In FD, experts, parents talk of foster benefits

Representatives from a statewide foster and adoptive parent agency teamed up with local foster parents in Fort Dodge Thursday to talk about the need for more people to get involved.

The open house, which was held Thursday night at Second Baptist Church, 1827 Fourth Ave. S., was hosted by Iowa KidsNet.

Pam Bradshaw, recruitment and support specialist for Iowa KidsNet, said the purpose of the meeting was to spread the word about the need for foster parents.

“We’re hoping that tonight will help business owners become aware of the need for foster parents,” Bradshaw said. “We hope they’ll walk away from tonight and bring fliers to their business to display for everyone to see. We’re also hoping more churches will come forward to put these announcements in their bulletins.”

In one year alone, Bradshaw said more than 144 children were referred to foster care, even though only 55 resource families were available.

“Now it’s even less than that,” she said. “We’re constantly doing recruiting and hoping people come forward.”

Bambi Schrader, recruiter-licensing supervisor for Iowa KidsNet, said talking about the need for foster parents on a one-on-one basis is helpful.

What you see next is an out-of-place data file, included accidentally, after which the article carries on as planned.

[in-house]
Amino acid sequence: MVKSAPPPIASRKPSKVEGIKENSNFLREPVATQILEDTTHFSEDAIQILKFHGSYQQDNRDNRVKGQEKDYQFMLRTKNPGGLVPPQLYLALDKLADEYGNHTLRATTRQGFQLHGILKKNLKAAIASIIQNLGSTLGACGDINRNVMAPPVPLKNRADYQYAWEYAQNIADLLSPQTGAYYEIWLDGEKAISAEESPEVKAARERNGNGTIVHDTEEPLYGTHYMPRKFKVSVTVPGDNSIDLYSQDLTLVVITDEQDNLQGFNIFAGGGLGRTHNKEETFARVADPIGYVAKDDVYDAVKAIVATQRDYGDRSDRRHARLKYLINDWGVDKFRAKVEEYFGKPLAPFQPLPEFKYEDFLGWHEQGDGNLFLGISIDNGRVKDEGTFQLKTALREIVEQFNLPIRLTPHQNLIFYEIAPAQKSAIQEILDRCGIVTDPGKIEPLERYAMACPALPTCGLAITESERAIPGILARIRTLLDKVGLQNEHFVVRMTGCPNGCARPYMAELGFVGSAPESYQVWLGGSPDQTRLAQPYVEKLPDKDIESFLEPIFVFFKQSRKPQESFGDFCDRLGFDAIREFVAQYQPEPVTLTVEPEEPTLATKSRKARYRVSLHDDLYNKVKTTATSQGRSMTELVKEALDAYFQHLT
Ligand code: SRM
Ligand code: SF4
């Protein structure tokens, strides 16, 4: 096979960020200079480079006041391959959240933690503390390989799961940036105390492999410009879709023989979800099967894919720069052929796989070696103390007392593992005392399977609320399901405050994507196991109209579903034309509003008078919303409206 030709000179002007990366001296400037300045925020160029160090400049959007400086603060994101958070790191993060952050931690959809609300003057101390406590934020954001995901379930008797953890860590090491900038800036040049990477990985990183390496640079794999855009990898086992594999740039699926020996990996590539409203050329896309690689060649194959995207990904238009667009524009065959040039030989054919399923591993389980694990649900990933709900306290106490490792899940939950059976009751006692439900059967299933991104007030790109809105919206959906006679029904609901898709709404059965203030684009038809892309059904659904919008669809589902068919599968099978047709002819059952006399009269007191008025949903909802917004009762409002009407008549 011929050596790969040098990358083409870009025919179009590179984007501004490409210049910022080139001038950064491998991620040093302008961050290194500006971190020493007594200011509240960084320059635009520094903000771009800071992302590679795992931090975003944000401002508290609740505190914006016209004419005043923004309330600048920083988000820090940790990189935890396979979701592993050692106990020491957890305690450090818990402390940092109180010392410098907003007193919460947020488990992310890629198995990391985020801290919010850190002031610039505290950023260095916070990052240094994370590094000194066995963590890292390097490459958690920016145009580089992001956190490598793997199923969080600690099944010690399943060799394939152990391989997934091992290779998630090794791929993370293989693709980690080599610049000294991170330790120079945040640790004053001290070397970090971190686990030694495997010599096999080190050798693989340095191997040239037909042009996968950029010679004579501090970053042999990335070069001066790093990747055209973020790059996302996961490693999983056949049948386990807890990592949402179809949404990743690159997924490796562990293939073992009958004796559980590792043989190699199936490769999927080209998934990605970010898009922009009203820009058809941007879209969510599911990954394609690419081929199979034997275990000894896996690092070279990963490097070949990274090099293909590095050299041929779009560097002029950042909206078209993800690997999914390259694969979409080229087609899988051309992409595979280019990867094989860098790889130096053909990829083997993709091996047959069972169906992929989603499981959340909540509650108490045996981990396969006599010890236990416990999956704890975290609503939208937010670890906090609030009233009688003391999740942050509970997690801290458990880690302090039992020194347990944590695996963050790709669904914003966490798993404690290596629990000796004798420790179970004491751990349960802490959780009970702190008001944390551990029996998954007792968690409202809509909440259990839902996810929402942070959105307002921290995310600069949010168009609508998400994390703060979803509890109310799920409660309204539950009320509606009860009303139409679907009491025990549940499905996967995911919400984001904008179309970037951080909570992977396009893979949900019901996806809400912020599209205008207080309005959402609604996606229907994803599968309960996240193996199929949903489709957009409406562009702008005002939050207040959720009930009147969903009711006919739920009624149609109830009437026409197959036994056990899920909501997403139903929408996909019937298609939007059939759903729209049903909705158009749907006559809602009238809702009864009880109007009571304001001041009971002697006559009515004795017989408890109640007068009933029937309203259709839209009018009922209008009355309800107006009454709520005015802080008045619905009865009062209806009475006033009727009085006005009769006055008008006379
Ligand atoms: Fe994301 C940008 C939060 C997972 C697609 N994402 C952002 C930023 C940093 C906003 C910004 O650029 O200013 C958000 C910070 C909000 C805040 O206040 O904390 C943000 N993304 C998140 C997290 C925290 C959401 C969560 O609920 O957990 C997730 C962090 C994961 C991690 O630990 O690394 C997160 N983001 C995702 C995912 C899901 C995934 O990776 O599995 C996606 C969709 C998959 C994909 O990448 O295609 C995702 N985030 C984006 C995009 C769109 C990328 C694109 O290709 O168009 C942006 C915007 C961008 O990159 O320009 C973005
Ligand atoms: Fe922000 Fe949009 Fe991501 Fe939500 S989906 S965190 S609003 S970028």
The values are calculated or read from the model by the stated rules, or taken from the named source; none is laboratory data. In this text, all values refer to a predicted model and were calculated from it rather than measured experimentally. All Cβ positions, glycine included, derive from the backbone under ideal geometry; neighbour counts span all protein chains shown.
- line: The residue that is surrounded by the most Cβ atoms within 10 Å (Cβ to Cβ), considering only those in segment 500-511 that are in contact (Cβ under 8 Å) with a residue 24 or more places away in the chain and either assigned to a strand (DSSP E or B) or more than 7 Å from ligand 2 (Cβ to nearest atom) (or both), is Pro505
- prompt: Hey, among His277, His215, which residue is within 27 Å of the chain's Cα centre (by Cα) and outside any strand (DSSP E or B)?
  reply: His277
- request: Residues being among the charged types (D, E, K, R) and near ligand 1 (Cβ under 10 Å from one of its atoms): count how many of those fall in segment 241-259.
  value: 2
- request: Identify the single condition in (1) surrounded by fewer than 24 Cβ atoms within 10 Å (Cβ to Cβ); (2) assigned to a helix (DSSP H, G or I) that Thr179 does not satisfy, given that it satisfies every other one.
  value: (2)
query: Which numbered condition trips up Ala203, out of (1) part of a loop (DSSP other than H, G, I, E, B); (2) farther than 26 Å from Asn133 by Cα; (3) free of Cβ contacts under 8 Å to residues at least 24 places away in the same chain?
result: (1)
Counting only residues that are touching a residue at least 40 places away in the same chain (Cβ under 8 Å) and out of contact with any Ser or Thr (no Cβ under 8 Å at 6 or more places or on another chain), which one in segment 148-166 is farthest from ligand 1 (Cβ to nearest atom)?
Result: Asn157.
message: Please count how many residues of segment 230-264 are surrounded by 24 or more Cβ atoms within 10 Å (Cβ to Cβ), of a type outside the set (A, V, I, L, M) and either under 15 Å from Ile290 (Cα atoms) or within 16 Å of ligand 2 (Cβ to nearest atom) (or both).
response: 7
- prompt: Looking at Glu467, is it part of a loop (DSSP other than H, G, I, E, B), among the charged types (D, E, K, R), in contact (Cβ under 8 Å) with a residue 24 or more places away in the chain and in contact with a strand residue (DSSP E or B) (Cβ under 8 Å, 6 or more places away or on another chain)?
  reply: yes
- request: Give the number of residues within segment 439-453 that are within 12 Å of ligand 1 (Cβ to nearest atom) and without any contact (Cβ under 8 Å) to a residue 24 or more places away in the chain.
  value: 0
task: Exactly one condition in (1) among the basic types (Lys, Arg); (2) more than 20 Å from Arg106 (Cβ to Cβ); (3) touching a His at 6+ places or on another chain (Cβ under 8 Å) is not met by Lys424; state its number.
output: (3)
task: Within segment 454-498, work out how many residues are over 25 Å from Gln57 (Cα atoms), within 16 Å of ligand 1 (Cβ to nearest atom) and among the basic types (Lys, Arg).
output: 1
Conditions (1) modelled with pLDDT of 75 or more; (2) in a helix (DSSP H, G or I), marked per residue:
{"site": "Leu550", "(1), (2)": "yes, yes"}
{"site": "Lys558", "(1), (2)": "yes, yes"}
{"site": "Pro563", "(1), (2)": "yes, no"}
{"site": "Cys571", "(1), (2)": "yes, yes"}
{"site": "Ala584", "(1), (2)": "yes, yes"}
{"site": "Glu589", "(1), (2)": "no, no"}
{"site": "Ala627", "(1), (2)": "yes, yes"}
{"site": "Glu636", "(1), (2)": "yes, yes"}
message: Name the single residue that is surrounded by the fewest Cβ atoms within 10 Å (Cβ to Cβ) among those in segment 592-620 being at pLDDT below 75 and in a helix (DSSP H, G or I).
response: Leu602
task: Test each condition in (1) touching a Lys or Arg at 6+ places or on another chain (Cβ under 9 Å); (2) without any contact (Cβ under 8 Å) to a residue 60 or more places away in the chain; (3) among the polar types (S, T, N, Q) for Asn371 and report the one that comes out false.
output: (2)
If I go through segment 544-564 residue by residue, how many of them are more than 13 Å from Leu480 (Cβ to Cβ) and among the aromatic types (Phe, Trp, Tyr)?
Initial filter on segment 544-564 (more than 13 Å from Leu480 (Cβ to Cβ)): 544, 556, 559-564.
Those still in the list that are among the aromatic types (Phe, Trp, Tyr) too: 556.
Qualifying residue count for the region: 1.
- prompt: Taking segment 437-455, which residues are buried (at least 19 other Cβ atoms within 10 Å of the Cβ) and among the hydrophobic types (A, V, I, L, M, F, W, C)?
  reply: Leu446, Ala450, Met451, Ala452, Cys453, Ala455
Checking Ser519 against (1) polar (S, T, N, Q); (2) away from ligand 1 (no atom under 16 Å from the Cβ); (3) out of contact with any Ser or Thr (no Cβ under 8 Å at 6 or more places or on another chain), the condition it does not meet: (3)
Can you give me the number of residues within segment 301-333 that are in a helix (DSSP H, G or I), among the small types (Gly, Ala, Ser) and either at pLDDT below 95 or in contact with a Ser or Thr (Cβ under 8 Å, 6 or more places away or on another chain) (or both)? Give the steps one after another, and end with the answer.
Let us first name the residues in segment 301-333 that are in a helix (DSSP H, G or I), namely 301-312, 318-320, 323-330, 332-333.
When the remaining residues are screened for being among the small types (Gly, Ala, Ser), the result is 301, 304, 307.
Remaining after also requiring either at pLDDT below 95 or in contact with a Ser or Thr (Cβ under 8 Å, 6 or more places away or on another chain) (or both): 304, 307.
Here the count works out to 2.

“We ask them to take the message back, and that gets the foot in the door,” she said. “If they personally ask, they’re more likely to follow through than a complete stranger telling them.”

Schrader said the biggest need for foster parents is for teenagers.

“There’s such a short time for individual living,” she said. “They really just need parents to help them learn how to survive as adults. If we don’t prepare them, we’ll have kids that are on the other side of the system.”

There’s also a demand for families willing to foster sibling groups.

A number of foster parents attended the open house to talk about their experiences.

Marion Dencklau and her husband, Jerry Dencklau, both of Thor, have raised more than 35 foster children as a couple.

Marion Dencklau first began raising foster children as a single parent in 1992 after her youngest daughter graduated from high school. She was inspired to become a foster parent after her daughter’s friends began coming to her for help with personal and family situations.

“It’s one of the best things I’ve ever done in my life,” Marion Dencklau said. “We give them hope and a safe place to stay. We give them a nurturing environment as well as structure.”

When she and Jerry Dencklau got married in 2002, they began raising foster children together.

The Dencklaus have mostly fostered teenagers.

“We had a couple younger ones, but they kept running around and it was hard for us to keep up with them,” Jerry Dencklau said. “With teenagers you can at least reason with them.”

Another couple, Sharon and Don Vogel, of Fort Dodge, have fostered preteens and teenagers.

“They’re easy to care for,” Sharon Vogel said. “They just want love and attention and a nice place to live. They don’t ask for a lot, and just want a place without chaos or dysfunction.”

Don Vogel agreed about the positive experience.

“It’s nice to be of use to them,” he said. “I like to see them grow up and do well.”